By Tui Benjamin
A teenage lag who claimed he couldn’t get a job because he was inked with a huge ‘DEVAST8’ facial tattoo in prison has undergone laser removal after he was offered it for free.
Mark Cropp was desperate to find a job when he was released from prison earlier this month but said the huge amateur inking – which covers his cheeks, mouth and chin – put off potential employers.
When the unemployed 19-year-old, from Auckland, New Zealand, posted about his plight he was inundated with job offers and is now due to start a new scaffolding role on Monday.
And today (TUES) dad-of-one Mark had the first part of the huge tattoo removed from his face for free by Briar Neville, senior laser technician at Sacred Laser in Kingsland, Auckland.
Mark said: “It did hurt, it was like a burning sensation.
“Briar did just one section and I have to go in next week to see what reaction it has had. If it is all good and dandy I can have more done every six weeks.
“I’m excited and so grateful for it. I have been feeling quite emotional about the fact people have offered me so much help.
“I have been really pleased by everything, it has all moved so much faster than how I thought it would have. It is quite overwhelming really.”
Briar administered Mark with numbing cream before performing the first test laser session to remove the pigment from the number eight on the right side of his face.
He is expected to have at least five more sessions of the laser therapy to remove the inking completely, with the free sessions valued at about $3,000 NZD (£1,700) in total.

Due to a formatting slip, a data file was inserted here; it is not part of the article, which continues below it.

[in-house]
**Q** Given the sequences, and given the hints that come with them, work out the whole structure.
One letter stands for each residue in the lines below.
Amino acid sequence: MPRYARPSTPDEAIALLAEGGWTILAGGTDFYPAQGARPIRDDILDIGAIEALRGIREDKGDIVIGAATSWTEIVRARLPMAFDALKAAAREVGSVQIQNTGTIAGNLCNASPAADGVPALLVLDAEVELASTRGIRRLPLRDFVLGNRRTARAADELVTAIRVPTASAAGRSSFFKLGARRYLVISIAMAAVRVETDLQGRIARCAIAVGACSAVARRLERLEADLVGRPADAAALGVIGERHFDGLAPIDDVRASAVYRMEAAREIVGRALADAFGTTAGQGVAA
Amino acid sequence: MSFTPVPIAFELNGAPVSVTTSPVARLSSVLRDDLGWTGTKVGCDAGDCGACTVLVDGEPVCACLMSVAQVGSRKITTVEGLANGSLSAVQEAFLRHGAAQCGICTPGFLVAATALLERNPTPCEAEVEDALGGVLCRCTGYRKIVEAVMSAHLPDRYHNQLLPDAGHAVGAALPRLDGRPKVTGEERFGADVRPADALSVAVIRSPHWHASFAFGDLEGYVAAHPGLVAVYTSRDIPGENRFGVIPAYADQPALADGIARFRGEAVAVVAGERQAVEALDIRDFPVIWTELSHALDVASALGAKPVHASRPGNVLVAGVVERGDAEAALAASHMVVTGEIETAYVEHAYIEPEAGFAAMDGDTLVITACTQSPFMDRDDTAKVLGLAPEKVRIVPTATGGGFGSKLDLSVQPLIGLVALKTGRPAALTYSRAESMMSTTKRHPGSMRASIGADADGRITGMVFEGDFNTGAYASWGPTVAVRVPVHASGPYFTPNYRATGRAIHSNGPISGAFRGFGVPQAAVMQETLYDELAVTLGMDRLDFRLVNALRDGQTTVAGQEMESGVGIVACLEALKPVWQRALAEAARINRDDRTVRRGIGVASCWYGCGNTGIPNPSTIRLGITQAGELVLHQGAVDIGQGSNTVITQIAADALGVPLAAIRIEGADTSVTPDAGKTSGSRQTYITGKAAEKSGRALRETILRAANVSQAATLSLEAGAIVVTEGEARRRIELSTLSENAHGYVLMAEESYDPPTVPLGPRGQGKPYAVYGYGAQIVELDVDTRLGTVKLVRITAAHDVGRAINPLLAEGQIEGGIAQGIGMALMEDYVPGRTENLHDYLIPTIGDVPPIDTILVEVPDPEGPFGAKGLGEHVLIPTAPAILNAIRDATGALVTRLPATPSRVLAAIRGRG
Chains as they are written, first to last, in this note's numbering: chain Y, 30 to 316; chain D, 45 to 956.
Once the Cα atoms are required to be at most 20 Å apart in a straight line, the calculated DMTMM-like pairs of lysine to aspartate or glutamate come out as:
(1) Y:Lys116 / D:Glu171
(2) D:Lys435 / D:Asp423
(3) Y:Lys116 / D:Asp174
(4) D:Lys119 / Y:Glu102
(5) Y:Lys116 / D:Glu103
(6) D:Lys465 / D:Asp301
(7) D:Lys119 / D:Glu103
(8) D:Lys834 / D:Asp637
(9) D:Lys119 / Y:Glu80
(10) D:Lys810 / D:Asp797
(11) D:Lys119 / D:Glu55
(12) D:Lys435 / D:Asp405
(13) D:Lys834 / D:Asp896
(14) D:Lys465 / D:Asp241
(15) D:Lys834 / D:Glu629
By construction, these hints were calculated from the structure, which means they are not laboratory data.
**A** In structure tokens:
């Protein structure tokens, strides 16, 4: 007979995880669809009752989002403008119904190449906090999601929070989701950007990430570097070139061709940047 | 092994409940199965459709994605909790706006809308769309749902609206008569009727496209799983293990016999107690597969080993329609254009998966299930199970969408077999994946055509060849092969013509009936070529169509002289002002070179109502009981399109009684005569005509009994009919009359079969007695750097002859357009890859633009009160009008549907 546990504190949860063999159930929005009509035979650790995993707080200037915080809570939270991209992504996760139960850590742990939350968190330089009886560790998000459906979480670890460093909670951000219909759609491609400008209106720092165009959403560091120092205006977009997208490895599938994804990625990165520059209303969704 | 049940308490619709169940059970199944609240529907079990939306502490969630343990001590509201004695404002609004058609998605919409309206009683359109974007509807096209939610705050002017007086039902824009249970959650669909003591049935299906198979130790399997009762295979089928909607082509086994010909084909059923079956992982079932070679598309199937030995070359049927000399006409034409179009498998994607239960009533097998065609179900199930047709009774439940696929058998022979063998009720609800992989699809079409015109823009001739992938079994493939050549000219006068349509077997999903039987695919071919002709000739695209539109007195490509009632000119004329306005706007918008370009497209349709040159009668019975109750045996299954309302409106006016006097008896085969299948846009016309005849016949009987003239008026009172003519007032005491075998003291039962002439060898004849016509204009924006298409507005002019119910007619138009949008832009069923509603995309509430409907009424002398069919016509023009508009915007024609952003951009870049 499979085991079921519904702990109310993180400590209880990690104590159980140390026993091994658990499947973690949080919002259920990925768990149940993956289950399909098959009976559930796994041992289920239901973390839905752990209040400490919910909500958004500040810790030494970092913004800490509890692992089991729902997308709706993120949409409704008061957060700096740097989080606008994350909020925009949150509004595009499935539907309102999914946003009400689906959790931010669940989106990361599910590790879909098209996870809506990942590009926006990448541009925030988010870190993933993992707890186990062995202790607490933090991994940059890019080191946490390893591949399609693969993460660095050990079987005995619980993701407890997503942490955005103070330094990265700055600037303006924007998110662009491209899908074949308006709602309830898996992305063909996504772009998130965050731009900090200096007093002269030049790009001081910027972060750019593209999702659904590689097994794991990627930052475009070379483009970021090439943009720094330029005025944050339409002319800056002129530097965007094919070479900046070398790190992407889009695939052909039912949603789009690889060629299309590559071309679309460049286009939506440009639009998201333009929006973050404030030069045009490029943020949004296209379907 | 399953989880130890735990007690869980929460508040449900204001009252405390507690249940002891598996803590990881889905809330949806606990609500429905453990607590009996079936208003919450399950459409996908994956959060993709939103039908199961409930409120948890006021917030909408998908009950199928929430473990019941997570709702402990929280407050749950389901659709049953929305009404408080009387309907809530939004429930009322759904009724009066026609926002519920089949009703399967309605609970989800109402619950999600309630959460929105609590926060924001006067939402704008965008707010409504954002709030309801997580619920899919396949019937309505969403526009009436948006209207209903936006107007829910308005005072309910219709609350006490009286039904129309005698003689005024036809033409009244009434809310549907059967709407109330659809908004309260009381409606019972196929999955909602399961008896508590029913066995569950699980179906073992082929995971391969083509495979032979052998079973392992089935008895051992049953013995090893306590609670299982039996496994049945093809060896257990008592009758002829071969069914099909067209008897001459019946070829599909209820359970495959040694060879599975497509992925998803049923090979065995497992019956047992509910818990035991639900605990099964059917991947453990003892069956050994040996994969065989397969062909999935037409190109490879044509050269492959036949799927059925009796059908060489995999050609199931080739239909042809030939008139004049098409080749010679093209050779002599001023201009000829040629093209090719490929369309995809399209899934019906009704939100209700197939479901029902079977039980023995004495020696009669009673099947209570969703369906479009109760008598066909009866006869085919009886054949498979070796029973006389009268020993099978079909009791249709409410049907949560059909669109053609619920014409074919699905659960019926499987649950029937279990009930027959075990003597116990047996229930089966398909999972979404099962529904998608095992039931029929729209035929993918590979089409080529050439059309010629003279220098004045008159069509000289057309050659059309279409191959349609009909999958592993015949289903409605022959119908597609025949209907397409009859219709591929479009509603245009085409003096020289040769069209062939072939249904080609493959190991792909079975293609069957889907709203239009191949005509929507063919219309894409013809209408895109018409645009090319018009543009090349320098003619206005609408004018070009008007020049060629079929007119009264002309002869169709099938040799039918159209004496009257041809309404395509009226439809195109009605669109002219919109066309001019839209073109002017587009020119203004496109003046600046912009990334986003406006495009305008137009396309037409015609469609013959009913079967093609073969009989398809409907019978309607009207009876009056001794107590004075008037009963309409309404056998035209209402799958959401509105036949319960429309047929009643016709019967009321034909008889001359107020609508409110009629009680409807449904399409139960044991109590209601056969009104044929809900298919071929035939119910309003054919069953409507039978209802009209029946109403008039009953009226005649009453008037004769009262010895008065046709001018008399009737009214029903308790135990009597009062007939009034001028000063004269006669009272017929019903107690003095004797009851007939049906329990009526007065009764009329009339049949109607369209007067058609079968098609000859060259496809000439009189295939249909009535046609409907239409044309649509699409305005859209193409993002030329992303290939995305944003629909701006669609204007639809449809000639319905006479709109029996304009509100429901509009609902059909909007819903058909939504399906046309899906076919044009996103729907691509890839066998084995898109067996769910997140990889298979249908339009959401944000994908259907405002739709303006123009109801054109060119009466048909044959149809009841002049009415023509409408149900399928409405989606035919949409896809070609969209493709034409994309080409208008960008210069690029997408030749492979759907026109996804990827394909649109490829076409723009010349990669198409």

Briar approached Mark after reading about his plight on social media and said she wanted to prove to him her service was different to prison laser therapy, which she described as ‘barbaric’.
She said: “What we do is give people a clean slate. When I read Mark’s story and the discrimination he had faced it really spoke to me.
“Mark and his partner Taneia are good people. I know he has done a crime but he has done his time for it and I can feel they have goodness in their hearts.
“We are really proud of the work that we do. It’s such a good feeling to be helping someone and to give Mark a second chance– it is life-changing and I know it will have a big impact on his life.”
Mark served two years and three months in prison for aggravated robbery aged 17 after he threatened a tourist with a knife during a cannabis deal which went wrong.
His brother, who was also his prison cellmate, inked him with the unusual etching while the pair were drunk on homebrew made from fermented apples, bread and sugar after promising it would only be small and down the side of his jaw.
The 19-year-old said the tattoo – made using a straightened spring and cassette player gun and ink made from burnt plastic cutlery, toothpaste and water – is so shocking it has nearly caused car crashes.
He shot to global fame last week after posting about his difficulty finding a job on Facebook after he was released from prison in Christchurch, New Zealand, earlier this month.
The dad-of-one, who insists ‘DEVAST8’ is just a nickname and is not gang-related, said his tattoo is so shocking it has nearly caused car crashes in the past.
Since the coverage of his story exploded he has been offered two jobs in scaffolding and construction despite his criminal convictions but denied reports he had been given 45 offers of employment in total.
Last week the dad-of-one released new images revealing his baby-faced look before he went under the needle.
Mark, who has a daughter with girlfriend Taneia Ruki, said last week: “It was only supposed to be a little tattoo down the side of my jaw but I got intoxicated.
“I fell asleep and eight and a half hours later I woke up with this.
“When I got out of prison people were stopping and looking at me going ‘what the hell’. Everyone was staring at me and some people nearly had car crashes.
“When I went into the job centre one day they said ‘we would not even employ you with that ugly thing on your face’.
“I liked it at the time but now it is just not my sort of thing. I don’t regret having it, but this is my changing point.”